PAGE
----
According to the report “Parents with Disabilities”, rates for the removal of children vary from 30% and 80% depending on the country. In the UK, the evidence suggests that 4 to 6 out of every 10 children born into families headed by a mother and/or father with an intellectual disability are removed from the care of their parents, either temporarily or permanently, and looked after elsewhere.

Such practices continue in clear violation of Article 23 of the UN Convention on the Rights of People with Disabilities, which obliges States parties to:

“take effective and appropriate measures to eliminate discrimination against persons with disabilities in all matters relating to marriage, family, parenthood and relationships, on an equal basis with others, so as to ensure that:

a.    The right of all persons with disabilities who are of marriageable age to marry and to found a family on the basis of free and full consent of the intending spouses is recognized;

b.    The rights of persons with disabilities to decide freely and responsibly on the number and spacing of their children and to have access to age-appropriate information, reproductive and family planning education are recognized, and the means necessary to enable them to exercise these rights are provided;

c.    Persons with disabilities, including children, retain their fertility on an equal basis with others.”

Under Article 23(4), “In no case shall a child be separated from parents on the basis of a disability of either the child or one or both of the parents.”

What was unique in Mr. VK’s case was that he had support in his effort to gain custody of his child and was able to find an attorney with expertise in the rights of people with disabilities and international law to present his case to the courts. In addition to his case before the Russian domestic courts, MDAC filed an application to the European Court of Human Rights on behalf of both Mr. VK and his daughter in early 2013, claiming violations of their rights to private and family life and discrimination against Mr. VK on the basis of his disability. Although they are now united under one roof, recognition by a court that Mr. VK’s treatment by the courts was a violation of the European Convention and constitutes discrimination is crucial for other parents whose rights are being violated.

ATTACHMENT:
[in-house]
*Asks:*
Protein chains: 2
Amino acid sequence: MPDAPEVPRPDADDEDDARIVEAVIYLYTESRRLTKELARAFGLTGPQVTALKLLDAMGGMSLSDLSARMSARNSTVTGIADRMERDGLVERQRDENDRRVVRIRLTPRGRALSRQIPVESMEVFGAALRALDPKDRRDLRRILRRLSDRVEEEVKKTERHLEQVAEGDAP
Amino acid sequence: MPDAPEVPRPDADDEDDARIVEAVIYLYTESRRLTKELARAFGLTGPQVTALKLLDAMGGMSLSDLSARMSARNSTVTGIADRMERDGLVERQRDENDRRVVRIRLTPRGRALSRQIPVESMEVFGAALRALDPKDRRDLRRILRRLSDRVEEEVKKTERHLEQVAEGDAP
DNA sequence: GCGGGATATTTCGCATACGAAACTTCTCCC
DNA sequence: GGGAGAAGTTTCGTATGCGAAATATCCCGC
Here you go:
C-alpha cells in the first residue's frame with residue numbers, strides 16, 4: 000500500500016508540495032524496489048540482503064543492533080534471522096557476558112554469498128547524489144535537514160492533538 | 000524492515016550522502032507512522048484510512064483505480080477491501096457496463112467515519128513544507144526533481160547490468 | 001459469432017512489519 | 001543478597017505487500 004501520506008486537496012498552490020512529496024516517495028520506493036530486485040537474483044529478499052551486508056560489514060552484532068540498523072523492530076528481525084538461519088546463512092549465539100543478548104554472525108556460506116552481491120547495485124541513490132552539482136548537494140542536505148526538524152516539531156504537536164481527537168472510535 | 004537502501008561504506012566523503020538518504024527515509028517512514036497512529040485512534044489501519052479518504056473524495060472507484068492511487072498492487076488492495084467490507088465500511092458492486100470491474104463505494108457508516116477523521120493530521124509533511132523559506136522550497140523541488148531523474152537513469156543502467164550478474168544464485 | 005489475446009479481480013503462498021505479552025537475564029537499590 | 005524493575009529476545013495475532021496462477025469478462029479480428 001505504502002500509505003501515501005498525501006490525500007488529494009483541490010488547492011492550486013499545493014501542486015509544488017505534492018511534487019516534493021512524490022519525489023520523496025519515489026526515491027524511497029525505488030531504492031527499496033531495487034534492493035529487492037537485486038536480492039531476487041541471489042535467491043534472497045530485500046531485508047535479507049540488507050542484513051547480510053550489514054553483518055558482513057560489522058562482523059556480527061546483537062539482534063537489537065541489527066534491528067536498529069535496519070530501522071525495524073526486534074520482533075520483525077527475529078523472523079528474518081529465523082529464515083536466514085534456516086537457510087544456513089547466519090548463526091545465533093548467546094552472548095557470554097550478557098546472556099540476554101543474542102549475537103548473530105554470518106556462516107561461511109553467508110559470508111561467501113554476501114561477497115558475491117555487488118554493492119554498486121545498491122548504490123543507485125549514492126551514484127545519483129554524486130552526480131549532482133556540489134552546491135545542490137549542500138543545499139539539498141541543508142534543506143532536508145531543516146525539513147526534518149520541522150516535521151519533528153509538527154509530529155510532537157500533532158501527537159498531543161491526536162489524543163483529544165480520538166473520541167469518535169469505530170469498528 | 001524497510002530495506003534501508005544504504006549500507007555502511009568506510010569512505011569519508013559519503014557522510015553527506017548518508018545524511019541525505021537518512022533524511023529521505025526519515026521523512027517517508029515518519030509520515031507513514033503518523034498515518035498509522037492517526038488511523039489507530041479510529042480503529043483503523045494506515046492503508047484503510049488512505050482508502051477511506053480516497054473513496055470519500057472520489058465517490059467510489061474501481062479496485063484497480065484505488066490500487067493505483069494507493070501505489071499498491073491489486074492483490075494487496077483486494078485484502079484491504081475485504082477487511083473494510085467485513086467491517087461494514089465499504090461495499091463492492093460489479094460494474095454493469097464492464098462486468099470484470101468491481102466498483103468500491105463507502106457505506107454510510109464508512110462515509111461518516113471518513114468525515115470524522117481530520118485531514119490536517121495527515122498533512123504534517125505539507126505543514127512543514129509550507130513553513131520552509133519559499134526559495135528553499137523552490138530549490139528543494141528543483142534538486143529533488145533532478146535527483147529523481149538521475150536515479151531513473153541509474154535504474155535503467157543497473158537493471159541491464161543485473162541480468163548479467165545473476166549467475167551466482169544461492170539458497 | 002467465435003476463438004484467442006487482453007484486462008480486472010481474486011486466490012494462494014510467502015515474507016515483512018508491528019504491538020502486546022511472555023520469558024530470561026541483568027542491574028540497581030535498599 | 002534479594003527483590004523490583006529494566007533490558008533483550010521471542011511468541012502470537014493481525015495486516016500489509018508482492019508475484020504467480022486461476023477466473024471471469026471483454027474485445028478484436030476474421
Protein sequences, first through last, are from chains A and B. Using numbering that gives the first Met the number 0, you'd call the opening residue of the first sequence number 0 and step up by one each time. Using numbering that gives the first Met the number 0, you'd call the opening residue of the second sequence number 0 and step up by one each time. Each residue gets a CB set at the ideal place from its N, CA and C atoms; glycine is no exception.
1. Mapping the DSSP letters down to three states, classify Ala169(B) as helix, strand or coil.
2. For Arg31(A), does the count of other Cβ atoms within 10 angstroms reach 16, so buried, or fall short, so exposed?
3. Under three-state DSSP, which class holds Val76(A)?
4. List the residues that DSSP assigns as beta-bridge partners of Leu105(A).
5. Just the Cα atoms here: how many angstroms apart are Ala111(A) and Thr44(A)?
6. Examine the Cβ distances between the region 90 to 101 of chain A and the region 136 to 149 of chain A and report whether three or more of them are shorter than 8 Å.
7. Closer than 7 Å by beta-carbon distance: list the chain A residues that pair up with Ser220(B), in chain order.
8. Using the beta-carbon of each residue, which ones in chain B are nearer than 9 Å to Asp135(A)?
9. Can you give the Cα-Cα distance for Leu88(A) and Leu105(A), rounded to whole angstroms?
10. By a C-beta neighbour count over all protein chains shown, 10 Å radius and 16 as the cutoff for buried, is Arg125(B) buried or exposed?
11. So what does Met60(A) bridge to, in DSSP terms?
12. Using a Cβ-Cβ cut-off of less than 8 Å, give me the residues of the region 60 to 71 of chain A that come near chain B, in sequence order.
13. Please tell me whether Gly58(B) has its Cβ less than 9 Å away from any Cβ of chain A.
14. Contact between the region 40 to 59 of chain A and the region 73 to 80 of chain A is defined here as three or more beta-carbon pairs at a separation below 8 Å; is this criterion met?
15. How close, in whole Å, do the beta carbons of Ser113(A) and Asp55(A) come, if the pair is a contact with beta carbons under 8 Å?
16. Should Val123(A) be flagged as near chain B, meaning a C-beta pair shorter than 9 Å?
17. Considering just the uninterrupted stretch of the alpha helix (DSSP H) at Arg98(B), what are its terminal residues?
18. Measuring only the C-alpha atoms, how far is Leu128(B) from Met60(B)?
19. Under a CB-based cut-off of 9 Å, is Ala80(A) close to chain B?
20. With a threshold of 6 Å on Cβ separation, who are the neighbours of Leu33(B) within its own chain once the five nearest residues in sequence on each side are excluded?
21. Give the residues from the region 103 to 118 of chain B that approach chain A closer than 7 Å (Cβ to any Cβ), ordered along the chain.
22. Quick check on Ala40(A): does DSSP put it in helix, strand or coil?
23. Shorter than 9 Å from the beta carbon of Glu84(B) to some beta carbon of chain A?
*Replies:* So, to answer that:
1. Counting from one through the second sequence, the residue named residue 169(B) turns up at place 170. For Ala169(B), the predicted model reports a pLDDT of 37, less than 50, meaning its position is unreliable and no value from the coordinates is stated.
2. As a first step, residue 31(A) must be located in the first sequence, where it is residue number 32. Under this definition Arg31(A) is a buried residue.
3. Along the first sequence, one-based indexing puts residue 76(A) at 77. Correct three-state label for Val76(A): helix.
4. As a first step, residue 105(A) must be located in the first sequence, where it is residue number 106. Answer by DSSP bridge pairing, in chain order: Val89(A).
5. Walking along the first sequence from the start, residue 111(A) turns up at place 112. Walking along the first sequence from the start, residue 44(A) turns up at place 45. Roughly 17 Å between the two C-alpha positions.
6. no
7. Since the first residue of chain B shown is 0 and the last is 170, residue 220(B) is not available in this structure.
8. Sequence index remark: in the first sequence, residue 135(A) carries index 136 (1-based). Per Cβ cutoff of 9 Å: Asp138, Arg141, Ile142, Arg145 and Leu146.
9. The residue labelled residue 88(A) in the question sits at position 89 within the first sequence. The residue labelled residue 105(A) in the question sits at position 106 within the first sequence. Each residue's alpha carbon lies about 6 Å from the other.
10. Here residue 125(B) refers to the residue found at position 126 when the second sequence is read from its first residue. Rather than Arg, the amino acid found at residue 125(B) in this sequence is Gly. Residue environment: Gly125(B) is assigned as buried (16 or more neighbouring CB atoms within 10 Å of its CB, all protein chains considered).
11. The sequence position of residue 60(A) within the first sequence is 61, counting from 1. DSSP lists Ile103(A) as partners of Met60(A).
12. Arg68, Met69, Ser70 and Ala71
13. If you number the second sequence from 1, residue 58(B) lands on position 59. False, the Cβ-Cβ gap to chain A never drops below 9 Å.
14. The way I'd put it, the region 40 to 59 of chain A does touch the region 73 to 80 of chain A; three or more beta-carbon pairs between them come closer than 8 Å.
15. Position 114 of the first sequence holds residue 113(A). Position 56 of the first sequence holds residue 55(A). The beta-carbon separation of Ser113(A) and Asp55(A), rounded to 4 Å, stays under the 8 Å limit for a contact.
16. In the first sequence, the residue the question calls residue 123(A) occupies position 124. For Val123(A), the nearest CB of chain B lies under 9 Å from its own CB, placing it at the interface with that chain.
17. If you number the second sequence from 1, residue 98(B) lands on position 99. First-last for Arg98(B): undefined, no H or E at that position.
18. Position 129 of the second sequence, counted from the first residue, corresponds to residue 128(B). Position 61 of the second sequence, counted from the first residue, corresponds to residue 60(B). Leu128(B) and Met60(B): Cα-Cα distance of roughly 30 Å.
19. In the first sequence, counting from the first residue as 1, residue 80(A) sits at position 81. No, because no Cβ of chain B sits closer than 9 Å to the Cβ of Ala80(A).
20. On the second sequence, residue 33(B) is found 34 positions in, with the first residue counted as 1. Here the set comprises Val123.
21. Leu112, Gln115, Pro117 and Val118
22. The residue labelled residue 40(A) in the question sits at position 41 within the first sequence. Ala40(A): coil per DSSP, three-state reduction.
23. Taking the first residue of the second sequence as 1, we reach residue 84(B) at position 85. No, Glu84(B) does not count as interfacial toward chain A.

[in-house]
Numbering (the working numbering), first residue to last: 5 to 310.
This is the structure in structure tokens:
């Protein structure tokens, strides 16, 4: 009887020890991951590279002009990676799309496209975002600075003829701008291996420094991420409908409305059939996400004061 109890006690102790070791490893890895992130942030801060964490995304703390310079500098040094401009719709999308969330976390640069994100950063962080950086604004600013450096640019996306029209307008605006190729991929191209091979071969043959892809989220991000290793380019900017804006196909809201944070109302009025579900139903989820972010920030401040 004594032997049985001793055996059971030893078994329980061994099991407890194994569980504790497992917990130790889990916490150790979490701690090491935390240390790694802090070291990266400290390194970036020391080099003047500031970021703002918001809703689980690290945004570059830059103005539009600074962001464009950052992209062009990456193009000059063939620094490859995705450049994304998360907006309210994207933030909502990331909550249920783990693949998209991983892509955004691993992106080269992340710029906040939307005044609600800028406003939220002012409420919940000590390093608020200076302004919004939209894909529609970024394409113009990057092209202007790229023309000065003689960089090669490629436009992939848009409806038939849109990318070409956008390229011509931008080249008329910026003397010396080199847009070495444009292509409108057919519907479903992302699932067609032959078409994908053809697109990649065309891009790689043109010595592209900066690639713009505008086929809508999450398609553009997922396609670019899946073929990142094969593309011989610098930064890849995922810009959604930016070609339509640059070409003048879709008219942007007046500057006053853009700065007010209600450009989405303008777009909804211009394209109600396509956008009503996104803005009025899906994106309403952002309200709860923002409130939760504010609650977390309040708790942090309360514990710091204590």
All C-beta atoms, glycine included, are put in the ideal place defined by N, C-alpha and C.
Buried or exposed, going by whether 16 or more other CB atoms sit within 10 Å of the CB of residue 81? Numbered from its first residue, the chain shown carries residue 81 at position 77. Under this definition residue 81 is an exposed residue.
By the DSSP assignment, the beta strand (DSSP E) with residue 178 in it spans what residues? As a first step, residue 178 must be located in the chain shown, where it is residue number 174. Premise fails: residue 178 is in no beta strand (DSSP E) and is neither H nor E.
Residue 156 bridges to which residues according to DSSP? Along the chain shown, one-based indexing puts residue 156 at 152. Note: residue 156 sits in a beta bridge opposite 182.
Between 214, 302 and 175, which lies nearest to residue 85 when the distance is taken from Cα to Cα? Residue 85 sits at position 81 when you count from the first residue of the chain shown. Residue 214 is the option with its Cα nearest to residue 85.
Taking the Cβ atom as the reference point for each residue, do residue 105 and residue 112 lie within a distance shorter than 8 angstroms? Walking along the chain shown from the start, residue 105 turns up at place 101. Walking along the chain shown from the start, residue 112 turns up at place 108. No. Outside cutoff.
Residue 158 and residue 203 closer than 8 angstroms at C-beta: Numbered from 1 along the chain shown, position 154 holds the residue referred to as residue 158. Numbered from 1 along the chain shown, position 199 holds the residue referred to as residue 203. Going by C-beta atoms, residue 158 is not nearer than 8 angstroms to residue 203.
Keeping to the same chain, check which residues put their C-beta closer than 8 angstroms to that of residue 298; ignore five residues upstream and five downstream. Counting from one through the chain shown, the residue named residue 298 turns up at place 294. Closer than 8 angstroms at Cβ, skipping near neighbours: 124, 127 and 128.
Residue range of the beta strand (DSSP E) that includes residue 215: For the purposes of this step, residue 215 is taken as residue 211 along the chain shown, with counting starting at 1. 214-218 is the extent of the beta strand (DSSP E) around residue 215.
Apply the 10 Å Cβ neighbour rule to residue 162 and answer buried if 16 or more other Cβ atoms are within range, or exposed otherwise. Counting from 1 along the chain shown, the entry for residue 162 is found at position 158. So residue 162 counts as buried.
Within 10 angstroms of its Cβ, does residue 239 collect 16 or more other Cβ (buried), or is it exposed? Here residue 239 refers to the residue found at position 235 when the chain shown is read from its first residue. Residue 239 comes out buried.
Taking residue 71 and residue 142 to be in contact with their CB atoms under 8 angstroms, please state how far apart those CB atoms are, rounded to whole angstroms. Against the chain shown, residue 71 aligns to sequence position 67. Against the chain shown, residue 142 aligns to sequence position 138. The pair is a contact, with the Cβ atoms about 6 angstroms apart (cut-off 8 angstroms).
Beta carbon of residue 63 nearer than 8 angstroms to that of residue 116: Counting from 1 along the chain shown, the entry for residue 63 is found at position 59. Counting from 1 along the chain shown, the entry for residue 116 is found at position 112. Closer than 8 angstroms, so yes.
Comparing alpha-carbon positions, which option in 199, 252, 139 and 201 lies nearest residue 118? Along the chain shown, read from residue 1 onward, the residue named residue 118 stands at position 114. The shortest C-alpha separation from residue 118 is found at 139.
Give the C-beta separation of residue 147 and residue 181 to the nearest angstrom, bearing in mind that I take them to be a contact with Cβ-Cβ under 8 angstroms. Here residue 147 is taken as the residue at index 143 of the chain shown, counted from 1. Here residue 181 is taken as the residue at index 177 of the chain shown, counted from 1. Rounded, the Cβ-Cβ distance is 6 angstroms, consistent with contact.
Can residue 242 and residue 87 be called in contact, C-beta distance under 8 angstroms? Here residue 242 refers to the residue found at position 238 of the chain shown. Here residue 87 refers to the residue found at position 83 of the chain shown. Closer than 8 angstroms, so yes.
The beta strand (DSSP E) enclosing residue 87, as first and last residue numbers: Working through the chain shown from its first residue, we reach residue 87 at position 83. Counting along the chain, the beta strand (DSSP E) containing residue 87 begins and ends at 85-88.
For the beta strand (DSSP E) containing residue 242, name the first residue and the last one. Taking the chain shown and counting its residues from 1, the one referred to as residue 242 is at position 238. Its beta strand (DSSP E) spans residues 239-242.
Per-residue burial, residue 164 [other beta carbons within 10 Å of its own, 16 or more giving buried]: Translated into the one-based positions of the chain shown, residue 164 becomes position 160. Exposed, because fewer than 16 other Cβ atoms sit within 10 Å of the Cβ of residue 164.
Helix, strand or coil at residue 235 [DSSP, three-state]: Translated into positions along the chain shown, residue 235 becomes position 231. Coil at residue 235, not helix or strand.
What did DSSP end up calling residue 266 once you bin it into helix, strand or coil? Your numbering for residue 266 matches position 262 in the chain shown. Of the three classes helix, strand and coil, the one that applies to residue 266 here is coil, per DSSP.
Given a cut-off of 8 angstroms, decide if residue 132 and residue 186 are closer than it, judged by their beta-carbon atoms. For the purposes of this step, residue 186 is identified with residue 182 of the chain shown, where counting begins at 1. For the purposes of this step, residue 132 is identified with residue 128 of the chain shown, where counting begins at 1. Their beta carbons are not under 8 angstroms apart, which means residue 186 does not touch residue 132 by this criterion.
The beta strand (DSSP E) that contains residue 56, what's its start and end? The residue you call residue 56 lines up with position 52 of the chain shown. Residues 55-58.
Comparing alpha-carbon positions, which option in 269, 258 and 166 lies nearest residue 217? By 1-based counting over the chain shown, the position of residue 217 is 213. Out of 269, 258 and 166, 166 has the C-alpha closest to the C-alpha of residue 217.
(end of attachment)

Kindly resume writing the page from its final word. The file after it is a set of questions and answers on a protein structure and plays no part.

“The hardest thing is litigating such cases is to overcome stigmatisation and prejudice against people with mental disabilities. Such prejudice is deeply rooted in Russia and prevents professionals who in theory are required to protect people with mental disabilities from abuses from actually giving them the help they need. Moreover, there is little understanding by Russian authorities that people with disabilities may require support in exercising their parental rights,” said Dmitri Bartenev. “I hope this case will help the authorities to understand that a person’s disability or institutionalisation cannot justify restriction of parental rights” he added.